systems operator) in the cabin who doubles as the loadmaster and winch
operator. All French models benefit from an L11 tactical data link - which
provides extended on-board data fusion and total networking with a
NATO task force at sea, something never seen before in an Aéronavale
rotorcraft. The sound man-machine interface of the NH90 and the use of
data fusion, increases the speed, accuracy and the quantity of data that
can be processed .
The NH90 NFH extended avionics system, built around five large
liquid crystal digital screens, is supplied by Thales Avionics and is based
on a dual MIL-STD-1553B digital databus. The French NFH model is
fitted with two radar sets : a Thales ENR 360° surveillance and surface
detection radar mounted under the forward part of the belly and a
Honeywell Primus 701A weather radar installed in the nose just over the
forward-looking IR ball. The ENR or ‘European navy radar’ is derived
from the Thales Ocean Master and has been developed in conjunction
with EADS and Galileo Avionica. It is a low-volume, lightweight (85kg)
system used to monitor surface ships, detect submarine periscopes,
track their movements and accurately classify all the detected vessels.
This digital radar has been designed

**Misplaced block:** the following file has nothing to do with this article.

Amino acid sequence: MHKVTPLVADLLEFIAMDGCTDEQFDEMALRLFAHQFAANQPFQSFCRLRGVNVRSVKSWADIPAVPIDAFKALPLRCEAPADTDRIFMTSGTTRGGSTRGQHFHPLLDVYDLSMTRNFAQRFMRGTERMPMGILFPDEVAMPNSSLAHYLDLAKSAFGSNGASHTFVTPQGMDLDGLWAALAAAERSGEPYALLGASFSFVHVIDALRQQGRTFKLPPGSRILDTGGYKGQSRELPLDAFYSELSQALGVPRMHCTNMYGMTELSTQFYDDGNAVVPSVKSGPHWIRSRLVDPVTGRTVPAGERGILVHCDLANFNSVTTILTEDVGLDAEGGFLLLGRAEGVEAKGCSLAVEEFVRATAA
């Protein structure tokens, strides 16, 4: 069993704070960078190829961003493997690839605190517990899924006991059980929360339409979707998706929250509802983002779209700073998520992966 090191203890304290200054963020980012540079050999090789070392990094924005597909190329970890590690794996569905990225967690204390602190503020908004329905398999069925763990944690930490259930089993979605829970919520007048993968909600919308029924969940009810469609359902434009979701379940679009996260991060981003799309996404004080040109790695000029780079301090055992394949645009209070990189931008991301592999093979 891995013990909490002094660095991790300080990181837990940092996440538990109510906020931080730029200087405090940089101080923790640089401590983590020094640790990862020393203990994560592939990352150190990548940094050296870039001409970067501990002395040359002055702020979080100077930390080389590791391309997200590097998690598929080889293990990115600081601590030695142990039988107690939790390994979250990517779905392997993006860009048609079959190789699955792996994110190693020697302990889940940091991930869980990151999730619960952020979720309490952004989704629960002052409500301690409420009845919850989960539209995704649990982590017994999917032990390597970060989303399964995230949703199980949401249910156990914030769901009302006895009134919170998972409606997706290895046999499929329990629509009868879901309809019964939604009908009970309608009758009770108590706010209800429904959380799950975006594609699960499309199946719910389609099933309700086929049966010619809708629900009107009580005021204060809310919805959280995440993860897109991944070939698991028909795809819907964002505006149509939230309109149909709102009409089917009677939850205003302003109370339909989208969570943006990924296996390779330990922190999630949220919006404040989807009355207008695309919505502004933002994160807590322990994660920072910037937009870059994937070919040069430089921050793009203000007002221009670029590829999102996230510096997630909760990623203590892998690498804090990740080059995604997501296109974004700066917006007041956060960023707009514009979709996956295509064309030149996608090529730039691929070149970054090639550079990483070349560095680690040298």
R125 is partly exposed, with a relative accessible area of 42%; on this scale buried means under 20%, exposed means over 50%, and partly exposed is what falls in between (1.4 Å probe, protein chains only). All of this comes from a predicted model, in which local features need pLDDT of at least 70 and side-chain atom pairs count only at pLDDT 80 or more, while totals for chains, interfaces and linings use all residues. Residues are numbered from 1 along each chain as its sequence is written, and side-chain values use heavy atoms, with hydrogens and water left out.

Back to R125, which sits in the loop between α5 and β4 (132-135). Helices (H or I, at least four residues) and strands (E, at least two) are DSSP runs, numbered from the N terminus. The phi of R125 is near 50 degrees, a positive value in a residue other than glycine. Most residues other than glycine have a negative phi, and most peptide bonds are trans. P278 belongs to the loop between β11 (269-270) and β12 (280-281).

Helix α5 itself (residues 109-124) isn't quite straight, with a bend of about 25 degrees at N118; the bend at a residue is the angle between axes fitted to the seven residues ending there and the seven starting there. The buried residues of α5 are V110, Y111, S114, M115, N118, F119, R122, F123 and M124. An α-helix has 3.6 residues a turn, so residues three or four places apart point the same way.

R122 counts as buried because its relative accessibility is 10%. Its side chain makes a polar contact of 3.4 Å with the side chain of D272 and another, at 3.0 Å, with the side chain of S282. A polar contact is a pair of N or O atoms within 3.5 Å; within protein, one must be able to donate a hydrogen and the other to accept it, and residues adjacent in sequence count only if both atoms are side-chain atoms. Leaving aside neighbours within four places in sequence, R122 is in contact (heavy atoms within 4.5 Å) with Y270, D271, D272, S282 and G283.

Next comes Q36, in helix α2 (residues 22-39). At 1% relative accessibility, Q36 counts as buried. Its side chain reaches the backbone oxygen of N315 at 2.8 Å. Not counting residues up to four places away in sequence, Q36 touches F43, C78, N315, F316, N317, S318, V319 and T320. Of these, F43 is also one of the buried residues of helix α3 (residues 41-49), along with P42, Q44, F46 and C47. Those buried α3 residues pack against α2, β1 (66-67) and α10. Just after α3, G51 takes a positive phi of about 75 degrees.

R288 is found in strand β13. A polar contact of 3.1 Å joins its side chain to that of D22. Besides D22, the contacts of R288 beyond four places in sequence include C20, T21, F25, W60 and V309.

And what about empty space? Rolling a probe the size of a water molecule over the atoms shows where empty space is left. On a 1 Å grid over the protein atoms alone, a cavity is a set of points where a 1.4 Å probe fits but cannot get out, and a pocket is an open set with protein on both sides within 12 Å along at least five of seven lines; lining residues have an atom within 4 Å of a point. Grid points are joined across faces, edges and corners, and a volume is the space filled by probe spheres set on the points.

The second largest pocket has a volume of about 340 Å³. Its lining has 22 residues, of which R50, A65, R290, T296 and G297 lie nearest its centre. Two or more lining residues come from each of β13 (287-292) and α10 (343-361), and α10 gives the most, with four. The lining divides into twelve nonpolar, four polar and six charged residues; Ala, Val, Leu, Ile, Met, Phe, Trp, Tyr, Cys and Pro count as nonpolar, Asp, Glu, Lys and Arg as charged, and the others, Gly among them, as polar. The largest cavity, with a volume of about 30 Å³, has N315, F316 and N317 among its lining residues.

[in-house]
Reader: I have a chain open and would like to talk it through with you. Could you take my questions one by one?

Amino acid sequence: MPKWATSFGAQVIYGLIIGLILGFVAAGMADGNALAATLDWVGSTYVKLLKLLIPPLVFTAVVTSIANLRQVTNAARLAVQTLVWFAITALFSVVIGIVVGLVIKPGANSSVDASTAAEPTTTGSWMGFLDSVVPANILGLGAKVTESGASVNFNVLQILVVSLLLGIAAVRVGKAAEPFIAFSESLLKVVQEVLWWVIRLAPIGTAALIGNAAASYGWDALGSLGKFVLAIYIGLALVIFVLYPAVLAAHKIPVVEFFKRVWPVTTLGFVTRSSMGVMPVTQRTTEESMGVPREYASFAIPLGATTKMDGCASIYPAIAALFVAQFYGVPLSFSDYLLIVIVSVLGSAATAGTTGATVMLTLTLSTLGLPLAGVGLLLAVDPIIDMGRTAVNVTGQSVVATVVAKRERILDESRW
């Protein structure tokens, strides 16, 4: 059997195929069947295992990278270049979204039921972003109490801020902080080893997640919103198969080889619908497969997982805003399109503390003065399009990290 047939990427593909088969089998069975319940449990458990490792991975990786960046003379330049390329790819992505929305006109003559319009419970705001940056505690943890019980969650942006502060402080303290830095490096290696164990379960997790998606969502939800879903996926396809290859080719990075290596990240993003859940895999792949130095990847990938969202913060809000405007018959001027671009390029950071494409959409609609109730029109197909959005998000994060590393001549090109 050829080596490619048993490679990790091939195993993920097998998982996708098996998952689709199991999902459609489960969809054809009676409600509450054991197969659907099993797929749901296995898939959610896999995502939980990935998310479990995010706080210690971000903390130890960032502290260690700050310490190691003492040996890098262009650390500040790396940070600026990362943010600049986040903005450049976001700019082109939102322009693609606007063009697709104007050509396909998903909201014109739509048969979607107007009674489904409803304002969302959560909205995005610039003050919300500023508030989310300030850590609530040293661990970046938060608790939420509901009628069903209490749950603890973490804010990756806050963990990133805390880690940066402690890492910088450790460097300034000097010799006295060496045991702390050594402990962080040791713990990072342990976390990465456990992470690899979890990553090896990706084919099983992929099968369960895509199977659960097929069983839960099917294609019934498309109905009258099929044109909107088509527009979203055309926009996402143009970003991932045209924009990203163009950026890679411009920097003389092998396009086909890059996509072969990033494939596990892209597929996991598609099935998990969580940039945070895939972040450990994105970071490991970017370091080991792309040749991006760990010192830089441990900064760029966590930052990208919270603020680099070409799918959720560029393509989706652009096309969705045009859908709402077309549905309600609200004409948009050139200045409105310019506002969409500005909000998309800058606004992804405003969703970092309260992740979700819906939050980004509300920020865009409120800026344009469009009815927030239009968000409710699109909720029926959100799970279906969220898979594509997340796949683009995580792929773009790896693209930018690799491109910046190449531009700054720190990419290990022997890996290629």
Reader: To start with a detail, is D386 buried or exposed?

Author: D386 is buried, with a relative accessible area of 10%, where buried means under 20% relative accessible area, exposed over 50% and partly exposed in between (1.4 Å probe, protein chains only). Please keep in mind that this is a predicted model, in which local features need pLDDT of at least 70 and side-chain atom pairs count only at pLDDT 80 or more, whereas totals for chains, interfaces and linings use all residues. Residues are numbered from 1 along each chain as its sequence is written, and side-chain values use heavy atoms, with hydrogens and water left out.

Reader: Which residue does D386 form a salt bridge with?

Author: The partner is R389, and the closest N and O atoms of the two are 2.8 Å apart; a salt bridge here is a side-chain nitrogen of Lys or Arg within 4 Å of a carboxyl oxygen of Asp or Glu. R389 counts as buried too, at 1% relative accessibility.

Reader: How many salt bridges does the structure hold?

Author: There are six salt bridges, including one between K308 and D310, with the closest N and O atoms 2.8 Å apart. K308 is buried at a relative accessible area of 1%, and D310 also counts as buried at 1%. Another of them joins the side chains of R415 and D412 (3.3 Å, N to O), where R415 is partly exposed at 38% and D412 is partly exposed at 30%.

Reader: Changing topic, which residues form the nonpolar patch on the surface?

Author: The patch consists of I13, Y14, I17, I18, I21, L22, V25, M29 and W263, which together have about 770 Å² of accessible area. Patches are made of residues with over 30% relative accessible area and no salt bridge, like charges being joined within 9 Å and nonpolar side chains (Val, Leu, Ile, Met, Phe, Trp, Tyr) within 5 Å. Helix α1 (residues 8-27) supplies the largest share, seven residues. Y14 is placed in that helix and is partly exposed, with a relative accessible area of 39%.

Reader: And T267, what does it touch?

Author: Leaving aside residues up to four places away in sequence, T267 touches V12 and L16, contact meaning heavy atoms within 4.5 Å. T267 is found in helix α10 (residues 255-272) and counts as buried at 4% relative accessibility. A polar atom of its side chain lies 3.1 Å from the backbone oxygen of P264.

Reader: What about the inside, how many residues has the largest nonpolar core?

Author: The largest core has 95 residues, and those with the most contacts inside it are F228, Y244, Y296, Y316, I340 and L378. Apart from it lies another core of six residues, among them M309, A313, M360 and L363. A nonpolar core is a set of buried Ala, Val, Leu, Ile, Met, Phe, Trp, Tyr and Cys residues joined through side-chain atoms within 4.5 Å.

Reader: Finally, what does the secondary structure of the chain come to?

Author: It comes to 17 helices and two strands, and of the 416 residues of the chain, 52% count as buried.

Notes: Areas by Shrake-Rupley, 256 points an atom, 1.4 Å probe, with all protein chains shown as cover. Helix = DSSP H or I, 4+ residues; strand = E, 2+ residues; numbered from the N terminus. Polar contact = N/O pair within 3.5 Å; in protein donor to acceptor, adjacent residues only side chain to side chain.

to operate in dense electromagnetic
environments, under all weather
conditions and high sea states. It
can track up to 200 targets
The Primus 701A Search and Rescue
Weather Radar has surveillance and
search modes integrated with colour
weather radar. It has reduced EMI
emissions and susceptibility and
improved blanking outputs. Main
features include: SAR with sea-clutter
reduction, 10 kW of transmitter
power, minimum detection range as
low as 450 ft, Doppler turbulence
detection, display range as close as
1/2 nm and pulse widths as low as 100 nsec.
For all-weather and night operations, all 27 French naval machines
are equipped with the 45kg Sagem Euroflir 410 tactical forward-looking
infrared (FLIR) system mounted in the nose below the weather radar.
Other main sensors, directly related to the NH90 NFH principal ASW
mission — and which will only be included with the Standard 2 variant
to be fielded in mid 2012 in France, (starting with aircraft number 8) — .
the French Navy NFH will be fitted with the Flash Sonics sonar system
from Thales Underwater Systems, which combines the Flash active
dipping sonar with the TMS 2000 sonobuoy processing system. By that
time, all Standard 2 NFHs will be able to carry a pair of MU90 torpedoes
or two 250kg drop tanks providing an extra hour of flight. Later Standard
3 variants will add the MBDA ANL-FASGW light anti-ship missile now
under development. Up to four will be carried at one time.
To move all this armament at sea, the NH90 NFH is gifted with a
powerful pair of engines with dual channel FADEC (Full Authority Digital
Electronic Control) system in the form of two Rolls Royce Turbomeca
RTM 322-01/9 turbines delivering a maximum power output of 2,270 shp
(1,693 kW). These modern 4-stage turbines — identical to those of the
EC665 Tiger or the Westland AH-64D Apache — provide enough thrust to
meet the needs of naval users and propel the 11 tonnes of the NH90 at a
cruise speed of 300 km/h or 162 nautical miles per hour. APDR
Caiman no.5 of Flottille 33F at Lanvéoc-Poulmic NAS, Brittany.
Credit: J-M Guhl
APDR Dec 2011.indd 53
11/01/12 6:05 PM